Since providing this initial guidance, we shared that a bill (H.950) addressing remote witnessing and explaining of advance directives was making its way through the legislative process. We are happy to report that H.950 passed and was signed by Governor Scott on June 15, 2020 as Act Number 107. This Act addresses the legal status of advance directives completed using remote witnesses and/or explainers during two time-frames:
- Documents completed between February 15, 2020 and June 15, 2020 (the period 30 days prior to the declared COVID state of emergency until the effective date of H.950)
- Documents completed between June 15, 2020 and June 30, 2021 (the period after the effective date of H.950)
In the case of documents completed using remote witnesses between February 15 and June 15 of 2020—these documents are considered valid if: the remote witnesses were known to the principal (a principal is the person completing their advance directive), the remote witnesses were informed about their role in witnessing the advance directive, and the principal included the name and contact information of the remote witnesses. Documents completed during this time frame will be considered valid ONLY UNTIL June 30, 2021 unless amended, revoked or suspended by the principal prior to that date.
In the case of documents completed using remote witnesses between June 15, 2020 and June 30, 2021—these documents are considered valid if: the remote witnesses were known to the principal, the witnesses attested that the principal seemed to understand the nature of the document and was free from duress or undue influence at the time the advance directive was signed, and the principal included the name, contact information and relationship of the witnesses to the principal. Documents completed during this time shall remain valid unless amended, revoked or suspended by the principal.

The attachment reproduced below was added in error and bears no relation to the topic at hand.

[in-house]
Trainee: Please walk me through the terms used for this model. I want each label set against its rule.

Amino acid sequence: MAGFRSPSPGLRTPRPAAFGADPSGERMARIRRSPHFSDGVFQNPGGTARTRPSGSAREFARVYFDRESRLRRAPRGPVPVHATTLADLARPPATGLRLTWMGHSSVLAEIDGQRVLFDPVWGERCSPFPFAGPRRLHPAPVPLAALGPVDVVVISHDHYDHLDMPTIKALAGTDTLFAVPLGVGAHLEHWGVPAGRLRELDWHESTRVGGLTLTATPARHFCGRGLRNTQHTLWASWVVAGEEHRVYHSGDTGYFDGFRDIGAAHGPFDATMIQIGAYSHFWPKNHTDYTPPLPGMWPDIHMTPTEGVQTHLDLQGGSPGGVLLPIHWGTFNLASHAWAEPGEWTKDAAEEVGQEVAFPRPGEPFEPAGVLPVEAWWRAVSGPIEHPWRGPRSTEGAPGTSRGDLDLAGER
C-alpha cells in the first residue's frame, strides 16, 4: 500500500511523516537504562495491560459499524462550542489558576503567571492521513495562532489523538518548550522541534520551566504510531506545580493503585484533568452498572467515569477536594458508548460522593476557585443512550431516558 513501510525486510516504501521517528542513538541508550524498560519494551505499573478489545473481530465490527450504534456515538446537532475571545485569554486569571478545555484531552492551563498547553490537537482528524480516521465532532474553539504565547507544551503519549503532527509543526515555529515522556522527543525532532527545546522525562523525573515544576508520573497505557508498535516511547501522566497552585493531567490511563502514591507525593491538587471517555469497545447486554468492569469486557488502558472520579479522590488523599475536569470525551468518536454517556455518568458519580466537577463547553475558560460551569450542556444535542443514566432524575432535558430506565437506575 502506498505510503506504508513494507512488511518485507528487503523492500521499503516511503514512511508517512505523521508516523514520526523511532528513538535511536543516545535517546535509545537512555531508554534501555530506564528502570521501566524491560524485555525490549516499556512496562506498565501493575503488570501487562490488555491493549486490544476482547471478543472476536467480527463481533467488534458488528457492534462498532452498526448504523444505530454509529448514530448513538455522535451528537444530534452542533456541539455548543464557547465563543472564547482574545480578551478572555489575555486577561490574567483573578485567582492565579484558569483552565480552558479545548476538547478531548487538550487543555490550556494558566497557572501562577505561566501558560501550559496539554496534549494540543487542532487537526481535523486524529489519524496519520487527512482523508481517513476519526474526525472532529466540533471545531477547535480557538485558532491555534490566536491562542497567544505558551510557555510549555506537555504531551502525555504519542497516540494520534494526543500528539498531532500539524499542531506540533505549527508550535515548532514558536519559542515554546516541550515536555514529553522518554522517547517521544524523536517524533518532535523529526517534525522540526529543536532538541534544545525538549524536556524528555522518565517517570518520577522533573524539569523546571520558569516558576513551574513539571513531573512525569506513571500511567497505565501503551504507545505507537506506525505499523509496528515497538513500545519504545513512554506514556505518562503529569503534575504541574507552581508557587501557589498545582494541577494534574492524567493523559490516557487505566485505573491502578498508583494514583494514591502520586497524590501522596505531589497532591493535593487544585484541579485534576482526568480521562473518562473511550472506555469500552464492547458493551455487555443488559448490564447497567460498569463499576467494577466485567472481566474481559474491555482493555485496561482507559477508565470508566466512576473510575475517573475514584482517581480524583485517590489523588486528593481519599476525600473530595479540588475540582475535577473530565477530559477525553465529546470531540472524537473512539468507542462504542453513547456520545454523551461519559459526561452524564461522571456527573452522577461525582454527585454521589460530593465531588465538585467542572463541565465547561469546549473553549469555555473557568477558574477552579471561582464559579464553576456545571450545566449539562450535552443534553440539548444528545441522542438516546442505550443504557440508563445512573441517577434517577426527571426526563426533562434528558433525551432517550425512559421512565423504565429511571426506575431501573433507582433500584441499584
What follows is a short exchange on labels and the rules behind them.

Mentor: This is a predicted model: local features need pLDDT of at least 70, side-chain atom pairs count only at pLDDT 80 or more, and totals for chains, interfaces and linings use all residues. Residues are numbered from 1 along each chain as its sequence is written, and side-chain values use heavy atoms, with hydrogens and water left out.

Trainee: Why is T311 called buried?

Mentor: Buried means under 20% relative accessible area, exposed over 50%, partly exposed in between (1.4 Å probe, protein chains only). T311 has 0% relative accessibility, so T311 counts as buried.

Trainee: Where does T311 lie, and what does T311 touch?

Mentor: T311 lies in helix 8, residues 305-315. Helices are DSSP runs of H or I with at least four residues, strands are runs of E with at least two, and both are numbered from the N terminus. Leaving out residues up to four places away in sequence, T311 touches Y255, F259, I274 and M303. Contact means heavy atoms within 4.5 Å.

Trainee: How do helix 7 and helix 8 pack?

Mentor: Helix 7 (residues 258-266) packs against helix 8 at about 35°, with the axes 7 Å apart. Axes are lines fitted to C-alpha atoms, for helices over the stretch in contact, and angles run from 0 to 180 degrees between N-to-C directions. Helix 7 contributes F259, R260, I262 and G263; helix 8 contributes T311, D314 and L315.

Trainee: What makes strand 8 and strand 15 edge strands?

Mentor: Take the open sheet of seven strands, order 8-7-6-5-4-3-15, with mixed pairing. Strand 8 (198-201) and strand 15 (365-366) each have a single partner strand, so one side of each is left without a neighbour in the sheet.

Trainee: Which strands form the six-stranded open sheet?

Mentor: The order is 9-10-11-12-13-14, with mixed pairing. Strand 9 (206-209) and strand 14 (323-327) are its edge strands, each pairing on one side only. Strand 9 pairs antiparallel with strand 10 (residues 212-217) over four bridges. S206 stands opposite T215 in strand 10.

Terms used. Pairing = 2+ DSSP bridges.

Detailed instructions on how to complete an advance directive using remote witnessing are as follows:
- Talk to your family and friends about what matters most to you and ask someone you trust to be your health care agent.
- Choose the form that works best for you and write down your health care goals and priorities.
- Identify 2 adults willing to serve as remote witnesses. Please note that witnesses cannot be your agent, spouse, parents, siblings, adult children or grandchildren. For remote witnessing, they must be someone you know. Your health care provider may serve as a witness.
- Have your witnesses be on the phone or a video chat and tell them “by being my remote witness you are attesting to the fact that I, the principal, seemed to understand the nature and effect of the advance directive and was free from duress or undue influence at the time of signing”.
- Sign and date your document.